17 OCT 2022
Ottawa Public Health confronts systemic racism, initiates action plan for reform
A recent Ottawa Public Health campaign promoted community conversations about racism — “a public health issue that is experienced worldwide.” The OPH itself is now the focus of a project examining systemic racism within the organization and charting a path toward greater diversity, equity and inclusion.
[Image © Ottawa Public Health]
By Gail Pope
A report examining systemic racism within Ottawa Public Health has highlighted various challenges faced by racialized employees at the City of Ottawa agency that’s leading local efforts to fight COVID-19 and bring greater “health equity” to the capital’s BIPOC communities.
The report, which was discussed at a recent meeting of the Ottawa Board of Health — the city committee that oversees OPH operations — tracked the agency’s progress on equity, diversity and inclusion issues, described various areas for improvement and detailed an action plan for combatting systemic racism at OPH.
‘Although racialized staff acknowledged improvements in diversity within the organization over the last two years, every racialized staff member shared multiple occurrences of incidental and systemic racism and discrimination.’— Ottawa Board of health report on system racism at Ottawa public health
“Although racialized staff acknowledged improvements in diversity within the organization over the last two years, every racialized staff member shared multiple occurrences of incidental and systemic racism and discrimination,” stated a report presented to the board. “Further, racialized staff highlighted the lack of representation within leadership, challenges in being promoted due to bias and a lack of transparency, and the risks of being negatively labelled when contemplating reporting instances of racism and discrimination.”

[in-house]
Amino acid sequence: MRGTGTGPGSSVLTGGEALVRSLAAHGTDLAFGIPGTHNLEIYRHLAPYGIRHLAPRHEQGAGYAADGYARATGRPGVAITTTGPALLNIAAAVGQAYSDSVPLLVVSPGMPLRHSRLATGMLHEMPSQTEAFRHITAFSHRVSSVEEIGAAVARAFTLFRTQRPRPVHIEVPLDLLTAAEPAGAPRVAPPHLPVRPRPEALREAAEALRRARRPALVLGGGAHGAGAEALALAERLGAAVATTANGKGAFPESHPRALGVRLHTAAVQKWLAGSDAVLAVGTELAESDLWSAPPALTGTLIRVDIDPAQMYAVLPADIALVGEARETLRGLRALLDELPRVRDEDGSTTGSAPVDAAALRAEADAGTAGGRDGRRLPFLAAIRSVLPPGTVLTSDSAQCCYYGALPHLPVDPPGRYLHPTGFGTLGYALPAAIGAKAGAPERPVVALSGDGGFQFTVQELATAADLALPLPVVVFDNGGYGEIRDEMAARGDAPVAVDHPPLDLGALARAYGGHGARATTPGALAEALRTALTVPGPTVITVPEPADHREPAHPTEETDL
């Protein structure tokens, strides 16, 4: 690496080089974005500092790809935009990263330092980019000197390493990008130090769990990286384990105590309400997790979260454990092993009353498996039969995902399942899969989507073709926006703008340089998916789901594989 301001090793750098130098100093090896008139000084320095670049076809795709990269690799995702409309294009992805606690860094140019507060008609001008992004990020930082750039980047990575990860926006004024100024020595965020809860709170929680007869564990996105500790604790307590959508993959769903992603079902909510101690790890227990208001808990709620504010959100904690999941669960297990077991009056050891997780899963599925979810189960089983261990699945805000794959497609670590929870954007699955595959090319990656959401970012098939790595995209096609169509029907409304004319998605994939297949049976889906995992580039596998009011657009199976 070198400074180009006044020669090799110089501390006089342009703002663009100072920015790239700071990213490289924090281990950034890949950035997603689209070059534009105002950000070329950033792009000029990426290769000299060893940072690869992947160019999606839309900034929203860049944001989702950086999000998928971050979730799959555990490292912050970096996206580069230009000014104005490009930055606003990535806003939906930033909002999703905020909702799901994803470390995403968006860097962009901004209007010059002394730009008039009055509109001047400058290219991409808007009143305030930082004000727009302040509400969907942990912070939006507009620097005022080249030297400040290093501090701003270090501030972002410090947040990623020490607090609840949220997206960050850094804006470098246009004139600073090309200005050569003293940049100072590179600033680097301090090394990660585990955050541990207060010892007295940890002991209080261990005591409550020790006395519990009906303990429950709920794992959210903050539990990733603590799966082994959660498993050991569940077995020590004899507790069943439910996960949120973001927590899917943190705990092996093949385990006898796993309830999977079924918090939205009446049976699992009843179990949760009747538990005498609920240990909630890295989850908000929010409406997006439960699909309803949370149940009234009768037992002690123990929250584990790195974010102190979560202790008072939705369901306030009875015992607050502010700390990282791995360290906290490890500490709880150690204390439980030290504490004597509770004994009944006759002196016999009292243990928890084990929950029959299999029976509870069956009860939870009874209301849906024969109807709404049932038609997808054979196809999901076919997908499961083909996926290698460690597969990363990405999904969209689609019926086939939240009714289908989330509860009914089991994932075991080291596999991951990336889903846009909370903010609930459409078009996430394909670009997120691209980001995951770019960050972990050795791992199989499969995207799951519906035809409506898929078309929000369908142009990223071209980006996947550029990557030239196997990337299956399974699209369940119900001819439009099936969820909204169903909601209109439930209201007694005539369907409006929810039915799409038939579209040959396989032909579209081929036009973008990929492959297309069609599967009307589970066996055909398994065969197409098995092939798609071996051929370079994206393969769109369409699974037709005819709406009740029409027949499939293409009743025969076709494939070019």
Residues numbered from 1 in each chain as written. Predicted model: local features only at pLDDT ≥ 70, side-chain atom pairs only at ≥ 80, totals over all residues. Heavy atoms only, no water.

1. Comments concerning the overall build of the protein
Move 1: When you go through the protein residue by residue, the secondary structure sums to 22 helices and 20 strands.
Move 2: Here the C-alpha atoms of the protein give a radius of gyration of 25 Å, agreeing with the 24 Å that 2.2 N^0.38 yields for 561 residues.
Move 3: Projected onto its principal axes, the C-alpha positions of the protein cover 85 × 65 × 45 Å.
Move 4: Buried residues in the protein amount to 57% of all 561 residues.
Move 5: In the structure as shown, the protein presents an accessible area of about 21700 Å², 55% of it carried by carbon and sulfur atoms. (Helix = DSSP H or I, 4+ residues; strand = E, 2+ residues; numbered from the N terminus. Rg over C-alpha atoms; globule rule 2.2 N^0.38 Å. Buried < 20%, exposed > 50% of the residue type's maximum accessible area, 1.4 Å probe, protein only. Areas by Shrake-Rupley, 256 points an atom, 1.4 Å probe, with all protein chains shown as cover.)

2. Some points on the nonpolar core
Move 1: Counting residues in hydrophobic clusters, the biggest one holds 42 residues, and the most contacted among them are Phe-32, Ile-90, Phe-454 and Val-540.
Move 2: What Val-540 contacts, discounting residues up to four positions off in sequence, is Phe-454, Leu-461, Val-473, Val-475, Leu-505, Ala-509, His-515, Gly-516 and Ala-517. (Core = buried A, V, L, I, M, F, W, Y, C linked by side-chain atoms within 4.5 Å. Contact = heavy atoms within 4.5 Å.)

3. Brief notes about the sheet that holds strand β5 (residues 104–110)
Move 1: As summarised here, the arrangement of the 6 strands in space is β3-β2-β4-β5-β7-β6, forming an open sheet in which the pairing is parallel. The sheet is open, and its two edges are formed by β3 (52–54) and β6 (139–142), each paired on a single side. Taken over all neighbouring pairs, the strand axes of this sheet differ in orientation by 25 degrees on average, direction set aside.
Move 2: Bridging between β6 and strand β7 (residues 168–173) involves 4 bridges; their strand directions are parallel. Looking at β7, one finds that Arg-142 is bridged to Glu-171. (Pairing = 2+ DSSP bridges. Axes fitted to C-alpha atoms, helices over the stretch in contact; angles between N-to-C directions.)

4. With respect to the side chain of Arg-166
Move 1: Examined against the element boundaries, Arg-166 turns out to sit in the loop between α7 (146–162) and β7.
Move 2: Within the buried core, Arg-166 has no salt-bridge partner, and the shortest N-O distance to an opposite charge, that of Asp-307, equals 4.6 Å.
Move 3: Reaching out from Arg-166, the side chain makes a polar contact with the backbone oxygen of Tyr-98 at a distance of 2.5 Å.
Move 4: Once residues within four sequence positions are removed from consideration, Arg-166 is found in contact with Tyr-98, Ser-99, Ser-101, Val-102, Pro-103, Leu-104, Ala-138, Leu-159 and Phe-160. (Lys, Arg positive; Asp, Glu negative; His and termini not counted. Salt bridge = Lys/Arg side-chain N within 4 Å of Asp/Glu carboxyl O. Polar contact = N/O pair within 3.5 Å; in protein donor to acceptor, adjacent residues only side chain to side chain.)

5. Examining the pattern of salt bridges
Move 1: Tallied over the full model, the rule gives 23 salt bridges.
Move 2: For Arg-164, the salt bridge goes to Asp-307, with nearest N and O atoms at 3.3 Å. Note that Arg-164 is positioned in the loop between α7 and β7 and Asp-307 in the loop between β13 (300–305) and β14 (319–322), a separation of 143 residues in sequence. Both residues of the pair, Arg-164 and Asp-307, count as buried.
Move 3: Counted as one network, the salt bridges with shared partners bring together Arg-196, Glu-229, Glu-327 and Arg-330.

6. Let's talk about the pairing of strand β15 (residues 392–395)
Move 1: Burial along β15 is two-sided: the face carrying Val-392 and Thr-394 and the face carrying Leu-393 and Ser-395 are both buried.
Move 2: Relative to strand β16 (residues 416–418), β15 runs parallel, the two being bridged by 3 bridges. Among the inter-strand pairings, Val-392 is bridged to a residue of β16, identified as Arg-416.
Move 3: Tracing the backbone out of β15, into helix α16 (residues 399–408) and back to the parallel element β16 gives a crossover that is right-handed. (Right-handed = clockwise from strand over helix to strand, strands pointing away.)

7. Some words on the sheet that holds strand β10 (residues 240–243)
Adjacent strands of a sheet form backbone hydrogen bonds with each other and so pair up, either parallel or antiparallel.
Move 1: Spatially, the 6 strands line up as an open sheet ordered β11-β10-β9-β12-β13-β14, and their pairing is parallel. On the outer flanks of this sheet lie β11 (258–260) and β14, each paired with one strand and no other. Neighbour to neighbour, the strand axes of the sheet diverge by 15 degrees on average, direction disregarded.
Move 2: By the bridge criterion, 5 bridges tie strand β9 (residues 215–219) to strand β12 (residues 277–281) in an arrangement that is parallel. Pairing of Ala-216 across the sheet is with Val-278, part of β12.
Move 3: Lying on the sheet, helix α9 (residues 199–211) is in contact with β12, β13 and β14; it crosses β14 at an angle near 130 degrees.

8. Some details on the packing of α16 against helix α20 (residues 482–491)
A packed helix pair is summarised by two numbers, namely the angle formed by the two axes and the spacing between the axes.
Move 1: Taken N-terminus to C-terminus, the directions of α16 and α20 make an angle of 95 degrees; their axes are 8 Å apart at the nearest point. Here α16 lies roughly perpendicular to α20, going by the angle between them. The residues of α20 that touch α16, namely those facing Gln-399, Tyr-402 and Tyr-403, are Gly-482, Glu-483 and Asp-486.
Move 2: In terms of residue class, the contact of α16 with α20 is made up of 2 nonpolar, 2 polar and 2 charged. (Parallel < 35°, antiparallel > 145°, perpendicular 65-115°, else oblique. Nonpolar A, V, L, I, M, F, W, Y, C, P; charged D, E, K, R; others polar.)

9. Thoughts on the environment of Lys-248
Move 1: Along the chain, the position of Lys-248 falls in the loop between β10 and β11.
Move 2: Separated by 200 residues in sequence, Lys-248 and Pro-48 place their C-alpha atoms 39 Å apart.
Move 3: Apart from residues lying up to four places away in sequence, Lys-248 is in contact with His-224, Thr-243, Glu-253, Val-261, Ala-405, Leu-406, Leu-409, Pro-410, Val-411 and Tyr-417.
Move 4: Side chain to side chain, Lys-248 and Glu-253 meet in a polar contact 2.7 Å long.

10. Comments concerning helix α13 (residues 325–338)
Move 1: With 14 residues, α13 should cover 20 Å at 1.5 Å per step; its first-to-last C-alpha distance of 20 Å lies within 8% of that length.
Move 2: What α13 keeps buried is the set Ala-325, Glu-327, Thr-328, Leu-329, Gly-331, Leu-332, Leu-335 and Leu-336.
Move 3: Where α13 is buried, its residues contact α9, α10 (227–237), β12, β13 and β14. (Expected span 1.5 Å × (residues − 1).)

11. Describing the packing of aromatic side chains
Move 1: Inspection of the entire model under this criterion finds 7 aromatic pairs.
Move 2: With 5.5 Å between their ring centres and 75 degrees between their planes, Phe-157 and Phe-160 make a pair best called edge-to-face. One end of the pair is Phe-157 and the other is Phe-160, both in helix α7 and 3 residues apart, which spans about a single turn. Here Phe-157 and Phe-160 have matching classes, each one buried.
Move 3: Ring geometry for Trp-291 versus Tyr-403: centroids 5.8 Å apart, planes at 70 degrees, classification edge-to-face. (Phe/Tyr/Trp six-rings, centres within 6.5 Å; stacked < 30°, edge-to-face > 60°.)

The Sept. 19 meeting of the board included a presentation by Dr. Ariff Kachra, managing director of Strat-Ology Consulting Inc., on an audit of diversity, equity and inclusion issues conducted at Ottawa Public Health.
For the audit, Kachra connected with more than 25 leaders, managers, and staff across OPH to share their experiences as a member of an “equity-deserving group.”
Equity-deserving groups are defined by the human rights and equity office at Queen’s University as “those that identify barriers to equal access, opportunities and resources due to disadvantage and discrimination and actively seek social justice and reparation.”
Kachra explained one instance of an OPH employee, named Janine, who was continuously undermined by management because of her accent.
Through their conversation, Janine expressed her view that, “OPH is a place where I’ll have a job but not necessarily a career. One person who exhibits racist tendencies or who’s discriminatory — that’s manageable for me. I think the obstacles to my career progression may be more systemic.”
The main recommendation from the audit was to implement a role within OPH’s senior leadership team focusing specifically on equity, diversity, and inclusion. Kachra also recommended the implementation of a team to create and execute training programs and carry out socio-demographic data collection for both OPH staff and community members.